Pre-shipment check of cargoes urged to curb drug smuggling

November 02, 2018
Lito Atienza
Lito Atienza

A VETERAN solon is urging President Rodrigo Duterte to order the compulsory pre-shipment inspection of all cargoes placed in a container at country of origin.

Buhay party-list Rep. Lito Atienza said this procedure will help increase the collections of Bureau of Customs (BoC) by 50 percent.

The Deputy Minority Leader also stressed that this pre-shipment inspection will thwart the large-scale smuggling of illegal drugs through the Port of Manila.

“The President is in a position to administratively direct the mandatory PSI at the country of origin of all containerized cargoes destined for the Philippines,” Atienza said.

At present, the Bureau of Customs (BoC) already requires all “bulk and break-bulk imports” to undergo PSI.

“Containerized imports should also be required to go through PSI,” Atienza
added.

All of the estimated P21-billion worth of methamphetamine or shabu smuggled through the Port of Manila in three batches between May 2017 to July 2018 arrived in 20-foot shipping containers from China, Malaysia and Taiwan.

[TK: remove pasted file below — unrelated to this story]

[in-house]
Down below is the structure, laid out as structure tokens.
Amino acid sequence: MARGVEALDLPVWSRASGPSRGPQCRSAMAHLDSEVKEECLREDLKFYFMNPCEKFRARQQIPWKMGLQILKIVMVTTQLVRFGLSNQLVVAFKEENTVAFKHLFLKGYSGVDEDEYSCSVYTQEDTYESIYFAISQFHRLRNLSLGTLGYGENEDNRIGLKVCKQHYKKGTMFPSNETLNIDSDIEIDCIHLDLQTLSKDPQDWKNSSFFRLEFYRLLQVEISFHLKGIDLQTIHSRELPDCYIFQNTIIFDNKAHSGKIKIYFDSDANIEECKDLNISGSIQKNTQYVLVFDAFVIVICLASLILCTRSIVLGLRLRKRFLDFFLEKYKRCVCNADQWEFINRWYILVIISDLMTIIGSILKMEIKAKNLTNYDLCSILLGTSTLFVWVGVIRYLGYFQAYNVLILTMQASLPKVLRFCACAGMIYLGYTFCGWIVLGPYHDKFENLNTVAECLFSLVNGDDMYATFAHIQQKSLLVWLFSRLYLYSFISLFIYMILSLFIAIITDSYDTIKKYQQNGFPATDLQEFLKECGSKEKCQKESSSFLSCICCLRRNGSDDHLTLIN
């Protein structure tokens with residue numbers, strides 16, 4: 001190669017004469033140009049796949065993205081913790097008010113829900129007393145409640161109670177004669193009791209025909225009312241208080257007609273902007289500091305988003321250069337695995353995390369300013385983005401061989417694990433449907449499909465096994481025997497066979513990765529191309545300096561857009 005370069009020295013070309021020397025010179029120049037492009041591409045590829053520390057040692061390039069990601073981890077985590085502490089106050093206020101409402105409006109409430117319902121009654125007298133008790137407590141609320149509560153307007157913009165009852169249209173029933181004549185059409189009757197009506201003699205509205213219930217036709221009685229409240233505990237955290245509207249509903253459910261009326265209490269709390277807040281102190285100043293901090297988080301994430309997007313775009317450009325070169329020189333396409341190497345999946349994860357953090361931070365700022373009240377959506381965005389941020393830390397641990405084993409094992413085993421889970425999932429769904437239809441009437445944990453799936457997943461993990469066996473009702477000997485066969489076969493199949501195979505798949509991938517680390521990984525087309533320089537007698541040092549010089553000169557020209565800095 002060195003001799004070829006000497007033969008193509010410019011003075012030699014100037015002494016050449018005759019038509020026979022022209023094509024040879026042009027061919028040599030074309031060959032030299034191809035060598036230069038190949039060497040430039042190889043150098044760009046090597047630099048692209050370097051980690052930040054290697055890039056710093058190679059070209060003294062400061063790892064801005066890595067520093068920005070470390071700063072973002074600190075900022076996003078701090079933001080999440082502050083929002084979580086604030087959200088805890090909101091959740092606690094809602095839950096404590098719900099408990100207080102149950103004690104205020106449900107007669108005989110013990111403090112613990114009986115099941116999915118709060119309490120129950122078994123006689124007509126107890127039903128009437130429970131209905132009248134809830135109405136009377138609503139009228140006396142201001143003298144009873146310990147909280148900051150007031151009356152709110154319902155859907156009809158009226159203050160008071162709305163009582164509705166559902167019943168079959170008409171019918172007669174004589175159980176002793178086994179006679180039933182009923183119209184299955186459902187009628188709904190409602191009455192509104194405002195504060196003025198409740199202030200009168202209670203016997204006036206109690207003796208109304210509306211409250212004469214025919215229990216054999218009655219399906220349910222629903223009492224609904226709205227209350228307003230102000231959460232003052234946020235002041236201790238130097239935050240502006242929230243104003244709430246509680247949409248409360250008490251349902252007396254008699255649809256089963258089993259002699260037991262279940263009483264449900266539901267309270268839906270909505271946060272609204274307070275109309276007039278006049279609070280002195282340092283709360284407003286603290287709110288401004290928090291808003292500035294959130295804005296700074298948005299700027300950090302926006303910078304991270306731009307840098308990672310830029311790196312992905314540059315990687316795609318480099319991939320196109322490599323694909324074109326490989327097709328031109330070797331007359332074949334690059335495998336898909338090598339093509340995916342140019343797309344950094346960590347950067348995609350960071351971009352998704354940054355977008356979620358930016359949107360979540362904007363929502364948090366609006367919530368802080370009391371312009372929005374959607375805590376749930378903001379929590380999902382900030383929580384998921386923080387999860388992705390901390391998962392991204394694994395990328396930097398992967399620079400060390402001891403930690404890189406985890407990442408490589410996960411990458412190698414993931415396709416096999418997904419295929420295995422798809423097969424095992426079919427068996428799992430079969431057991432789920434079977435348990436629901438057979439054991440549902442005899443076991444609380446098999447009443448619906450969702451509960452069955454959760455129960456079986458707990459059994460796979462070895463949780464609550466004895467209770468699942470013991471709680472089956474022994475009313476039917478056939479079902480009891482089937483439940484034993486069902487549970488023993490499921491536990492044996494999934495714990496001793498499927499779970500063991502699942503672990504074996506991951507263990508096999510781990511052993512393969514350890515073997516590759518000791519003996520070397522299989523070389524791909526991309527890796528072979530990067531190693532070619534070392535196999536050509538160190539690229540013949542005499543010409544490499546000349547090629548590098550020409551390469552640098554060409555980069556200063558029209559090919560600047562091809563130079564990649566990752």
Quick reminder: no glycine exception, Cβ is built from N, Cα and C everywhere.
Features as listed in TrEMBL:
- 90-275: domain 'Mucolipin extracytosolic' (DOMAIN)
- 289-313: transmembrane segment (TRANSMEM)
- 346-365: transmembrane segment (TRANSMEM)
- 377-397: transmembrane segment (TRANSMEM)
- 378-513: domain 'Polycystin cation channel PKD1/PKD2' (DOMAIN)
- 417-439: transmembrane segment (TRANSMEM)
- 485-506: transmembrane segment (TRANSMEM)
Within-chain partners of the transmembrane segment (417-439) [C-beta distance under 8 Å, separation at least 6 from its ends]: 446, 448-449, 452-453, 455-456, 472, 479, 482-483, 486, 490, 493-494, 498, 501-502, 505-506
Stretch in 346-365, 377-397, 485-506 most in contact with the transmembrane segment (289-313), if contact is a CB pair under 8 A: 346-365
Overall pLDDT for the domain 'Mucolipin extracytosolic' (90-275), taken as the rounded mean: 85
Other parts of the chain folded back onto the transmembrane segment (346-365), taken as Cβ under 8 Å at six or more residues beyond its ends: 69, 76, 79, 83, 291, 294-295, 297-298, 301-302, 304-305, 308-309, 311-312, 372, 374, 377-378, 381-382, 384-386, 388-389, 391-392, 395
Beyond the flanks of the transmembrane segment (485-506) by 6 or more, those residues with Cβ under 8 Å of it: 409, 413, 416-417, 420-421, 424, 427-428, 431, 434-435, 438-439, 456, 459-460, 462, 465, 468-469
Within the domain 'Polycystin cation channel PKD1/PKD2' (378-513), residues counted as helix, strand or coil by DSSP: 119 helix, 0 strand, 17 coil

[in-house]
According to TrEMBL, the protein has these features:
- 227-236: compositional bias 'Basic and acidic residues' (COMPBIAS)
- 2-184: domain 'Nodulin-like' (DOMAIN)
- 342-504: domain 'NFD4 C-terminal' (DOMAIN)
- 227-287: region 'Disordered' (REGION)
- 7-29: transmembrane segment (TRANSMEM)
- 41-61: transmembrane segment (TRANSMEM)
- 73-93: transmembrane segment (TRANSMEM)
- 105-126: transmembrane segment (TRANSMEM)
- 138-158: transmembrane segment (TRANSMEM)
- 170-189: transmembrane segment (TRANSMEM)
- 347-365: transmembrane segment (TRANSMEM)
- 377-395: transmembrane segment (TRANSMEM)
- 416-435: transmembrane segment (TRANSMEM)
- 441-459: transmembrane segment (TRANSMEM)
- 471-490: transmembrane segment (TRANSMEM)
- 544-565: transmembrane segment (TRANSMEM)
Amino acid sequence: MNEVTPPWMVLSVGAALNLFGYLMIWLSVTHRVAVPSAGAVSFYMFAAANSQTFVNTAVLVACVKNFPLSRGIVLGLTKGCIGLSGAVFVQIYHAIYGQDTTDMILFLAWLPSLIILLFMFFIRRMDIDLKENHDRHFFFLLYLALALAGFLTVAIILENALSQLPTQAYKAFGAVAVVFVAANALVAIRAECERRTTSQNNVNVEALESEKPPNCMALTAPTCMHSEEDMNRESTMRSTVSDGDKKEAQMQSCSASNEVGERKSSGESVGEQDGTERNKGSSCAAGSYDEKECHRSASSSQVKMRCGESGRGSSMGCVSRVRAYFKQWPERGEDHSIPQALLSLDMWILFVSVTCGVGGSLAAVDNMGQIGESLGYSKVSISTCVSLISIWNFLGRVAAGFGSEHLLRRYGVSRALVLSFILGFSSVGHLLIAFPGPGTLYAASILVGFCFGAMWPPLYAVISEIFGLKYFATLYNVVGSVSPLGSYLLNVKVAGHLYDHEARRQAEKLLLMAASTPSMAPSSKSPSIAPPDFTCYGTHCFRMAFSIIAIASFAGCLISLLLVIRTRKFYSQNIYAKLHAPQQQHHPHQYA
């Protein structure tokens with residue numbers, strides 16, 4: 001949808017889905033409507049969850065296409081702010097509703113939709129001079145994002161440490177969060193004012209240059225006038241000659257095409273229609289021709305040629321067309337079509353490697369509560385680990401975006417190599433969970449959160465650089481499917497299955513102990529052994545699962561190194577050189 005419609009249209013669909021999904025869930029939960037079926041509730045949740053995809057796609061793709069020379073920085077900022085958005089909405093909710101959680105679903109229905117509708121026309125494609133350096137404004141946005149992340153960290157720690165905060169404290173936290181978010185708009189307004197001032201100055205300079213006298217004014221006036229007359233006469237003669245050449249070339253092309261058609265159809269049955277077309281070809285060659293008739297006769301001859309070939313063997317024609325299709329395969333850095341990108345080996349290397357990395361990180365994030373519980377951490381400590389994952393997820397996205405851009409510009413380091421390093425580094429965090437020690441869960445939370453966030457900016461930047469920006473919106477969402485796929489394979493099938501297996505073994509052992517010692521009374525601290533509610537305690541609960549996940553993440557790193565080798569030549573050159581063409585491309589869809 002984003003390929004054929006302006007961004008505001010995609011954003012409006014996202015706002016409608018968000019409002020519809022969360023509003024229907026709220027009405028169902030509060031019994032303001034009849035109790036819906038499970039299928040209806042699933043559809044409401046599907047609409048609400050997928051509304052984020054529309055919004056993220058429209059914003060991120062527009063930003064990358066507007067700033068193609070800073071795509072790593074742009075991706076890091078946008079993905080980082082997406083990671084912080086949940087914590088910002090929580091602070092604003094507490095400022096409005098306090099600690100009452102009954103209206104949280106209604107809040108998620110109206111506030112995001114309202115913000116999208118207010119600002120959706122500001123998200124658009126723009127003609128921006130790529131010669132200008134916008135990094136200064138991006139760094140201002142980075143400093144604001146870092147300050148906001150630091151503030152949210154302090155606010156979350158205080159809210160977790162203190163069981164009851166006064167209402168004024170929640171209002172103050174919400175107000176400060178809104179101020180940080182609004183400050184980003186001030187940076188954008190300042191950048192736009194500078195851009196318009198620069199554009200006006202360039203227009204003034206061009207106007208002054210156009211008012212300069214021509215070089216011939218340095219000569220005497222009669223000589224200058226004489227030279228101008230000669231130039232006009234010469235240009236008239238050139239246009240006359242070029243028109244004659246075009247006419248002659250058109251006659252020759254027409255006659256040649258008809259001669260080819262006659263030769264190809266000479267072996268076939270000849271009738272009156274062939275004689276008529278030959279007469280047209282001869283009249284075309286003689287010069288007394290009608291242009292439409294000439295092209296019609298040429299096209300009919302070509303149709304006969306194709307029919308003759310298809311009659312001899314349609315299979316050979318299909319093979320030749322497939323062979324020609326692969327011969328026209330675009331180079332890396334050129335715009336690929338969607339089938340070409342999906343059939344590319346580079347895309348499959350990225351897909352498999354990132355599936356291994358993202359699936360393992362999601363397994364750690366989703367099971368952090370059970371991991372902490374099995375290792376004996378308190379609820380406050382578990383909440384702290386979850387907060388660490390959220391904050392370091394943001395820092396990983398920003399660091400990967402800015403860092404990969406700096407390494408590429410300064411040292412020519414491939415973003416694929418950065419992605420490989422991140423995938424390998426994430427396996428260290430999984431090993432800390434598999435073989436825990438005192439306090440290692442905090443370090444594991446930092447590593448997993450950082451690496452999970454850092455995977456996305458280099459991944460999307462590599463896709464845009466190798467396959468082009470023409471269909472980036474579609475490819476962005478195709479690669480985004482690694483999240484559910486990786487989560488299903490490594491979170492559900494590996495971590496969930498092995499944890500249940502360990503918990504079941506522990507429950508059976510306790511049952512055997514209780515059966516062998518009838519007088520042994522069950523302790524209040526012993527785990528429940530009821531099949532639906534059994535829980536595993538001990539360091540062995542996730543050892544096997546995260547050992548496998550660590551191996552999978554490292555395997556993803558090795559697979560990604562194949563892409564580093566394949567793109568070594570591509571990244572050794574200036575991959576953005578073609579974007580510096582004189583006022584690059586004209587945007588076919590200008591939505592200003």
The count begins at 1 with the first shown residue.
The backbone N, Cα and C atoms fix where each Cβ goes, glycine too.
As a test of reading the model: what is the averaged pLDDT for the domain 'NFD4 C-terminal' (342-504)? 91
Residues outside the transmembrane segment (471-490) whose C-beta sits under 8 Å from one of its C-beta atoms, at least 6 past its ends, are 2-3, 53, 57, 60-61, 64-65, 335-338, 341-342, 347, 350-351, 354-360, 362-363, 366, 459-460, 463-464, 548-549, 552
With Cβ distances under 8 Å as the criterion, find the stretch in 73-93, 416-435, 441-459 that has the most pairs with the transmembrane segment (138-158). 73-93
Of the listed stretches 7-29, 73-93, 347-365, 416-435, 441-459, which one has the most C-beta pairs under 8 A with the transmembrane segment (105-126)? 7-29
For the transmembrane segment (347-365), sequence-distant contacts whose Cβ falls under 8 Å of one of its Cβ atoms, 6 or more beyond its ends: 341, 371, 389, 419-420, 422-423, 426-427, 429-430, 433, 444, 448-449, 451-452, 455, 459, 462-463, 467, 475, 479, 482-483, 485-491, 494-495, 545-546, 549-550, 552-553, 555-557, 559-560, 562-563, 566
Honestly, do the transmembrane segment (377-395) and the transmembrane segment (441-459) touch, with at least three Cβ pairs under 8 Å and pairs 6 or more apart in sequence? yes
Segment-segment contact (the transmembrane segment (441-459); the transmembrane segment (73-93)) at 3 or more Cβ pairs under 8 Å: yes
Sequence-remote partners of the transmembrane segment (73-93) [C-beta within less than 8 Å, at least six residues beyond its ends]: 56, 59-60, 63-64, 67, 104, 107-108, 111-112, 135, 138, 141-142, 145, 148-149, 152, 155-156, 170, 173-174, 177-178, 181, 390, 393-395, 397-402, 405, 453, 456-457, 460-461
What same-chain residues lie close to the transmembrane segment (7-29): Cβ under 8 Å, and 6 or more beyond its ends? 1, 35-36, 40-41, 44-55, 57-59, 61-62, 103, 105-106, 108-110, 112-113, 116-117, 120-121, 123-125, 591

PSI is the practice used by governments, mostly in developing countries, of requiring importers to engage accredited third-party surveyors to verify shipment details, such as the price, quantity and quality of goods, before cargoes depart the exporting country.

PSI is used to prevent the undervaluation of taxable imports and to compensate for the inadequacies in the importing country’s customs and other administrative structures, according to the World Trade Organization (WTO).

Infuriated by rampant corruption that enabled P11 billion of the illegal drugs to slip through, President Duterte last week ordered the “military takeover” of the BoC.

Malacañang has since clarified that soldiers would merely be deployed to the country’s ports to help deter crooked BoC officials and employees.

Atienza said PSI would also put an end to rampant corruption at the BoC that costs the National Treasury tens of billions of pesos in lost import taxes every year.

“Only those engaged in smuggling as well as rotten officials are opposed to PSI, because they stand to lose a lot of money from their rackets at the BoC,” Atienza said.

Atienza estimates that the BoC could easily increase its annual collection of import taxes by 50 percent, or by P350 billion, once PSI is in place for containerized cargoes.